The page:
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What a wonderful account of life after disaster. Not only is she a survivor, but she is giving back to the biking community by sharing her knowledge and experience. As for me, I have broken a few bones from accidents when I was first learning but have now limited many of the situations in which I allow myself to ride: not in the dark, not with groups, I no longer follow other riders ... I always ride solo, and I always have a defensive frame of mind, always anticipating what a driver might do. I ride conservatively and don't take chances. My riding skills are good and they need to be, considering I ride in heavy city traffic plus on freeways. And yet, I know how quickly an accident can happen. Every time I read about an accident, I get as much info as I can about it and what I can learn from it. That's all I can do. I'm always learning, even after eleven years ... and I know that will never end.

Christine Jacobson
Everett, WA
Thursday, September 24, 2020
Editor Response
I like your thinking, Christine! You'd make a great RiderCoach—someone who understands there is always something to learn and improve upon. You know your own limitations and ride your own ride. These are wonderful qualities in a rider and coach or mentor.
Keep riding safe!
Tricia Szulewski, Editor
All the gear, all the time has been my mantra since I read about you about six years ago. I had to go from my two-wheeler to a three-wheeler and it is still my mantra! Thank you for sharing—it definitely made an impression on me and my fellow riders.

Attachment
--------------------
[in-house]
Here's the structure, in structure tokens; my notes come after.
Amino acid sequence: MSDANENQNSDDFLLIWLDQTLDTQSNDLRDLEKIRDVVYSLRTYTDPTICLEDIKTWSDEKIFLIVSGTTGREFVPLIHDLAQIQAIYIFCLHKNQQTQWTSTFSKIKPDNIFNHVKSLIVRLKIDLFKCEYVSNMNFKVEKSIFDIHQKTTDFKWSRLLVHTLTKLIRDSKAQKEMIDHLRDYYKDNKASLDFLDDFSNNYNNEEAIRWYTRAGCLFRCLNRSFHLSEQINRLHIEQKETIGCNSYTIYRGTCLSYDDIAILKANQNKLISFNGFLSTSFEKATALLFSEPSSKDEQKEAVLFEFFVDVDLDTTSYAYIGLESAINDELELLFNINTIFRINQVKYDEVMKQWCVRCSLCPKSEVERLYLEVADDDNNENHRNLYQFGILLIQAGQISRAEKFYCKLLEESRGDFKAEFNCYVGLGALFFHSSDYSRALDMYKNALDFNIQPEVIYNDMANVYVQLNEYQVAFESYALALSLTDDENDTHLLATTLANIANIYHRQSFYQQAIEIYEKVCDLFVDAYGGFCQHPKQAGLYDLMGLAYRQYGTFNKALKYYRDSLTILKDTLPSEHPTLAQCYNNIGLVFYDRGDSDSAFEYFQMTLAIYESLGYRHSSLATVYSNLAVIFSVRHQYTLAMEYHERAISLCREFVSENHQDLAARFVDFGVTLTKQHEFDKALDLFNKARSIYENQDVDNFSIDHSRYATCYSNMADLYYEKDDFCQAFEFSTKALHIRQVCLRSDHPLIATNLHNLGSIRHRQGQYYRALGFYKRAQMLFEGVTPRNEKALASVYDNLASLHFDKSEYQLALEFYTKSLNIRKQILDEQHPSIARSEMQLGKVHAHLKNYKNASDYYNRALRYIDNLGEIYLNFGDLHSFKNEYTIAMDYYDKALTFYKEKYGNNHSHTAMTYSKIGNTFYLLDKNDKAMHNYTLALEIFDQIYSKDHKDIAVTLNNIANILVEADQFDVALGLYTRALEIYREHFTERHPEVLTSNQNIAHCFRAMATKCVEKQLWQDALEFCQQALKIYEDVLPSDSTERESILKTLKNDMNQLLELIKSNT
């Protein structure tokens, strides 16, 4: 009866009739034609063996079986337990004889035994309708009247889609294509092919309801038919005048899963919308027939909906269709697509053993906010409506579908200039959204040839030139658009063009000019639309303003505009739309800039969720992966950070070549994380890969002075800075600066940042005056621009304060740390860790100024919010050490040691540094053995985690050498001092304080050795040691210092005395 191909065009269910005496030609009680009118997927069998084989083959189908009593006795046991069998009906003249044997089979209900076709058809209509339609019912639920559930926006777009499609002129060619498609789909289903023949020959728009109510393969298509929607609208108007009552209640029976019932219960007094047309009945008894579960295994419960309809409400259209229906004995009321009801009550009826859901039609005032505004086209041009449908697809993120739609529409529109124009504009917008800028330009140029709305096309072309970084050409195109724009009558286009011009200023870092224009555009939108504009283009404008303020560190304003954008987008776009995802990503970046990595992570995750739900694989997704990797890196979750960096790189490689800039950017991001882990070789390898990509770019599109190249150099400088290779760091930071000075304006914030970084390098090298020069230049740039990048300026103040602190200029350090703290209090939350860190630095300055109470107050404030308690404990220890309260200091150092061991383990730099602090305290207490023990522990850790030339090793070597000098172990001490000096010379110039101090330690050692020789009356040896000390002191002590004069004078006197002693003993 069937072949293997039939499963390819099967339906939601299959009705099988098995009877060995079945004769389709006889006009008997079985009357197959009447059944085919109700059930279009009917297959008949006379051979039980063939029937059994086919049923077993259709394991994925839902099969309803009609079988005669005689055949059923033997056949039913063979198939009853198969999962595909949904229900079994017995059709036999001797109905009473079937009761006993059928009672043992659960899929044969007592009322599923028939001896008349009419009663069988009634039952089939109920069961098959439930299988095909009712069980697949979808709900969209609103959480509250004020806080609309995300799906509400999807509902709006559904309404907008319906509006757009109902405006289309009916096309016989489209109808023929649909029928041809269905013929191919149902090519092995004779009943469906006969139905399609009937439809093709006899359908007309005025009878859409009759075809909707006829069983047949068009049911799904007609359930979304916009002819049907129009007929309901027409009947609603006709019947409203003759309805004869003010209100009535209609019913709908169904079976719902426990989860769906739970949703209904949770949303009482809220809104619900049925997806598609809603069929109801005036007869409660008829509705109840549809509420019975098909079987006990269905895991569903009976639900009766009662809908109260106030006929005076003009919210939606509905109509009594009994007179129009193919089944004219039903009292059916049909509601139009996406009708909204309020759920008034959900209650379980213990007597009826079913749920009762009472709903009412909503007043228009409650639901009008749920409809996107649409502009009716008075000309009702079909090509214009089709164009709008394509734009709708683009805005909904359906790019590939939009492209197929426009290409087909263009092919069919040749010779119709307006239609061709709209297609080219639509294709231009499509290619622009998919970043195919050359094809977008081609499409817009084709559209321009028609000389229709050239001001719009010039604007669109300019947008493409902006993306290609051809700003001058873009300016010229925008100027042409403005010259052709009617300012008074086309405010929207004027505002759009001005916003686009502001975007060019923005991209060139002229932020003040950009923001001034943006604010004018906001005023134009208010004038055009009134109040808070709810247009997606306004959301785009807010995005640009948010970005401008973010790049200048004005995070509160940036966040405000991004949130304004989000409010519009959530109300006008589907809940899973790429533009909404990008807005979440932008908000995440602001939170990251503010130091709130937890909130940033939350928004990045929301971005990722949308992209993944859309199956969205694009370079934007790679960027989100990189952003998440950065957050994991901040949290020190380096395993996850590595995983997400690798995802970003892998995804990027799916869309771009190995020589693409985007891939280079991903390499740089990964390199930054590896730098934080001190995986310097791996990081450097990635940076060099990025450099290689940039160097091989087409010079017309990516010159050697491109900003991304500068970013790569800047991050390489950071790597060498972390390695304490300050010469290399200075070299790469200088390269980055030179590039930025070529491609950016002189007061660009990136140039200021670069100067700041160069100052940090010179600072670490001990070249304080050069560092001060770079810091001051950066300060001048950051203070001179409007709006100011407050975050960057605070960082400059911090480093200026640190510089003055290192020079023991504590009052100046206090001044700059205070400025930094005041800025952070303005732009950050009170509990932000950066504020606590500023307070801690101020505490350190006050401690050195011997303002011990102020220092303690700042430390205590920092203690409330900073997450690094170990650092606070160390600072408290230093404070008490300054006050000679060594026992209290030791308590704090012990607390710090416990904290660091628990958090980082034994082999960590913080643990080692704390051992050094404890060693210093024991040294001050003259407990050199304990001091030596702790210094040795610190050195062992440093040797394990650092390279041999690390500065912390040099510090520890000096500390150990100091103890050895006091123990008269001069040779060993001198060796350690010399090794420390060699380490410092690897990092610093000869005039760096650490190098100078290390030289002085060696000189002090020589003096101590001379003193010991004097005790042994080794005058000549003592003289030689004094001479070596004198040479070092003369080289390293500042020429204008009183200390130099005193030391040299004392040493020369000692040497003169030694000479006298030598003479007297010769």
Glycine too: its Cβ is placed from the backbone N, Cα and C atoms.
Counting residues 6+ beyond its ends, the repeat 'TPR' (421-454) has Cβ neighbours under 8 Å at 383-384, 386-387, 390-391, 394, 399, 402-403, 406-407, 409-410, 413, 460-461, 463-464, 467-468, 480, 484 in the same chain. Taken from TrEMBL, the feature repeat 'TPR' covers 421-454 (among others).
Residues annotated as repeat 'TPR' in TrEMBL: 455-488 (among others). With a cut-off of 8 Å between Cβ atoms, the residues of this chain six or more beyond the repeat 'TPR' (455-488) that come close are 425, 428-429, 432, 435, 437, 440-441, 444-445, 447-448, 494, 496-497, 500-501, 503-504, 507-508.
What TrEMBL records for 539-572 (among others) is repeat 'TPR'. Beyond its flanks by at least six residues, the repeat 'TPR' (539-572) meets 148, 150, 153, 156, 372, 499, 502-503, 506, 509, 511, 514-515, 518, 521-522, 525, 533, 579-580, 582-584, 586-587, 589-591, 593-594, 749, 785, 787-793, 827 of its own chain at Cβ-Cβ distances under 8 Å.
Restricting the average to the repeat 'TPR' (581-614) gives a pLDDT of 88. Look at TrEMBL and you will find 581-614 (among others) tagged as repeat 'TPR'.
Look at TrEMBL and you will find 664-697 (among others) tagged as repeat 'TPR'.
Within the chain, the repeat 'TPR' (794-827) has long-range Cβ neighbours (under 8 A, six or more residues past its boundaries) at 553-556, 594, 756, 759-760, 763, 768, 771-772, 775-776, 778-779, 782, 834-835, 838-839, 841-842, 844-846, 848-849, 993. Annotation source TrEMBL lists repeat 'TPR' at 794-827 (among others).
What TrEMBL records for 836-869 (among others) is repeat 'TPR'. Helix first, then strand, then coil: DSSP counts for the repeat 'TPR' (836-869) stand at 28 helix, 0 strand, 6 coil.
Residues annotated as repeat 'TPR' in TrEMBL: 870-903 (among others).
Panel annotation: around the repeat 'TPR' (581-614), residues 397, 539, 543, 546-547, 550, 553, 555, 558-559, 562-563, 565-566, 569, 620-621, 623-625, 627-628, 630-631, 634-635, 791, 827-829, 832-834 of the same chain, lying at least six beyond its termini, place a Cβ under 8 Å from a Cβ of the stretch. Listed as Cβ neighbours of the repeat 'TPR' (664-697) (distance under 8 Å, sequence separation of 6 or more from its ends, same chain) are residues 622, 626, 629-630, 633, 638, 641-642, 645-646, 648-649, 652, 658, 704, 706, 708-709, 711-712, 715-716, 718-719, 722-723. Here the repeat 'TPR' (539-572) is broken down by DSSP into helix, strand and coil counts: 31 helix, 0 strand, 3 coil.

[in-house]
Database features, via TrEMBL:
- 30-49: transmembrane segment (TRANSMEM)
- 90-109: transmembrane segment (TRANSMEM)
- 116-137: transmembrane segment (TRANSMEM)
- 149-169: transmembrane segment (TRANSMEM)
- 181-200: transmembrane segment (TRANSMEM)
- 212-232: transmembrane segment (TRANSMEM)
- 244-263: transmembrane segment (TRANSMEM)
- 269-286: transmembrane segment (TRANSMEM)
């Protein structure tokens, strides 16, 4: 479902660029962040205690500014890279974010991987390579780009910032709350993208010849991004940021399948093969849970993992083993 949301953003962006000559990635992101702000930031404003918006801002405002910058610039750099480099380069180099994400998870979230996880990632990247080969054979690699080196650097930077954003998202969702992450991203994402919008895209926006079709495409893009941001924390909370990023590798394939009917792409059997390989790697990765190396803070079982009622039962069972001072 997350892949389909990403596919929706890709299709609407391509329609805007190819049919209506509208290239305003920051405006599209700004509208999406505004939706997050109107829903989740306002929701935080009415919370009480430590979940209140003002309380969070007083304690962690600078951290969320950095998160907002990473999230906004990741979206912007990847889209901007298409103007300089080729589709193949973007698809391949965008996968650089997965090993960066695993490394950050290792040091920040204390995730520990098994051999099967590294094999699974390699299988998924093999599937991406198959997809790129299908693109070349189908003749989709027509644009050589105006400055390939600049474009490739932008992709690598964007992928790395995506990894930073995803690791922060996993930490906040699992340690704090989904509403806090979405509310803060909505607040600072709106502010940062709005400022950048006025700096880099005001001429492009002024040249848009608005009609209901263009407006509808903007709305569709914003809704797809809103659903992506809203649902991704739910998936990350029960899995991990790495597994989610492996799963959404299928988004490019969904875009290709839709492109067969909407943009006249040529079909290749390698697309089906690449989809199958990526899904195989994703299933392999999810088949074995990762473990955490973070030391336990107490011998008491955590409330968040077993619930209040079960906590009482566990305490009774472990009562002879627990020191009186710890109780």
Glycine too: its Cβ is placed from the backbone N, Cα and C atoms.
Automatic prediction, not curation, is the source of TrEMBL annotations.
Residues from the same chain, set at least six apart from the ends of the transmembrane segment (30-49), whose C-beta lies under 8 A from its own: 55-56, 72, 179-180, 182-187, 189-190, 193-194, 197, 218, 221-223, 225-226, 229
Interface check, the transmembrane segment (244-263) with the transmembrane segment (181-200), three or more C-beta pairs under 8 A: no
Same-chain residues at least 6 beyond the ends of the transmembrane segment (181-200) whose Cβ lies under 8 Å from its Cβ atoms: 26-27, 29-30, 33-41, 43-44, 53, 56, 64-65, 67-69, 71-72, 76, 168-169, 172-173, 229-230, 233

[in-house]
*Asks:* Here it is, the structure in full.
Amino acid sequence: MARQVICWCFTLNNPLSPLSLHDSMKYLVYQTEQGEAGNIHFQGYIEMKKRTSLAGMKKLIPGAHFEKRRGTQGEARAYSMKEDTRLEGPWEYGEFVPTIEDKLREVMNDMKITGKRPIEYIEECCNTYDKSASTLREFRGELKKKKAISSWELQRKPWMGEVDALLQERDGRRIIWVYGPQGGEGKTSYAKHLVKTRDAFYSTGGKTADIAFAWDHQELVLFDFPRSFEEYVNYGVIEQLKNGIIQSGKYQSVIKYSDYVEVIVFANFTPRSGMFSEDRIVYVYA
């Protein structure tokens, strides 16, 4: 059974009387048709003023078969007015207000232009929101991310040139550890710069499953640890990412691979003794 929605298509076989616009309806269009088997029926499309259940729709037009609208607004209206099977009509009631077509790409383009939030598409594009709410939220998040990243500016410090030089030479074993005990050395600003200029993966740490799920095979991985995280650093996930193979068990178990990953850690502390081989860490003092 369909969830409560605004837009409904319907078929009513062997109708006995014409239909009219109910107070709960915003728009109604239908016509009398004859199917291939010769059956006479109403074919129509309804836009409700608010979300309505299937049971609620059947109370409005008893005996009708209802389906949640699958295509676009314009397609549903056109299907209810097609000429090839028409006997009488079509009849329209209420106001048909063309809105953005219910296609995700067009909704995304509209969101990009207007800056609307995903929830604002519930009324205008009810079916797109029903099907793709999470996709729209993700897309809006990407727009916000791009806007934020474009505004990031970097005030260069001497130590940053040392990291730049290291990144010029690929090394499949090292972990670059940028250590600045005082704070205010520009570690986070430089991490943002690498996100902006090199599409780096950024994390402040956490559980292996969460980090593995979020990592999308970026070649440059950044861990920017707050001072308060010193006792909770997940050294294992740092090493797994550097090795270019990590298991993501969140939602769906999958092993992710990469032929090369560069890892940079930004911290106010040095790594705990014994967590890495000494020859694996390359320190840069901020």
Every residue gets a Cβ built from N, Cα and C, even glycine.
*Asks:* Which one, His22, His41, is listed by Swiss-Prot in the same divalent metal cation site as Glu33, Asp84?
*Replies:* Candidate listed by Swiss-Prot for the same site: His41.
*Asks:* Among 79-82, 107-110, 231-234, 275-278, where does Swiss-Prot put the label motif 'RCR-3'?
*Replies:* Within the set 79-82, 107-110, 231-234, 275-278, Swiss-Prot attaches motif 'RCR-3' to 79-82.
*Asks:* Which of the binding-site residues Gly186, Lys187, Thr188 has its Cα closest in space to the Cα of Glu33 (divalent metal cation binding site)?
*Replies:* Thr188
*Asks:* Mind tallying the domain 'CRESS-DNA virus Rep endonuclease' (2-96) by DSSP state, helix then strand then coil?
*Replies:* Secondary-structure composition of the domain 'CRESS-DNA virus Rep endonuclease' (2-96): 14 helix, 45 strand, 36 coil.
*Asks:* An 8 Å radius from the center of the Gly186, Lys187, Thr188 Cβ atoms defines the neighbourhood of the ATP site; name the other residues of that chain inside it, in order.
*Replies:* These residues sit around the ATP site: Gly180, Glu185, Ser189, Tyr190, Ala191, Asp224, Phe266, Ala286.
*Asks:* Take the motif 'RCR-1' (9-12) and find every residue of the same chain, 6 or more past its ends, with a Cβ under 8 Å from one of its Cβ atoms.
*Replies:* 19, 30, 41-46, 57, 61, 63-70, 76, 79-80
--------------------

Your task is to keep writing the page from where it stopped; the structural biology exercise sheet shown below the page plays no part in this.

Penelope Gadd-Coster
Cloverdale, CA
Thursday, November 28, 2019
My husband was hit at 1pm October 20, 2018, when a mature lady made an illegal u-turn and hit him in the left leg, totaling his Harley-Davidson Road King and nearly him also. Similar story: Eight months in hospital, five weeks in rehab, disabled for life, and several rods and screws here and there. Eleven months later he's much better, still not ready to run any road races but looking forward to renewing his old 1988 FLTC to ride again.

Brittany I admire you so much! I admire all who struggle to regain a new normal and end up ultimately reinventing their life. Bless you, continue to inspire and teach! ATGATT, yepper!


Laurie Alexander
Tallahassee, FL
Tuesday, September 17, 2019
First of all, thank you to Brittany for sharing your story. Thank you for your courage and your willingness to turn a horrific circumstance into an opportunity. Recently my husband rode his motorcycle off the road and into a ditch, totaling the bike but thankfully only minimal damage to himself. He missed a telephone pole by inches. One of our favorite pastimes together was to ride. I own my dream bike, a Harley-Davidson Sportster SuperLow 1200T. Since he wrecked his, he no longer wants to ride and I'm now afraid to but I can't bring myself to sell my "girl." Would love your opinion and advice.

Pam
Redmond, OR
Thursday, October 4, 2018
Editor Response
I am relieved to hear that your husband only sustained minimal injuries. Although riding requires as certain amount of risk, it is never easy to accept the idea that something you love so much can cause pain to you and your loved ones. My advice to you is simple. Only you know what is in your heart. You must decide whether the joy of riding outweighs the potential consequences of a crash. Understanding and respecting the risk can make you a better, more cautious and focused rider. Fear can be debilitating and actually put you in harm's way. You must choose which of these you feel towards riding, and make an educated decision on the right course of action once you've identified whether you are truly afraid, or just more aware of the consequences now that you've experienced them secondhand. Whatever you choose, know that you are always part of our family of riders and nothing can take that away from you. I wish you and your family the best in life moving forward.
Brittany Morrow
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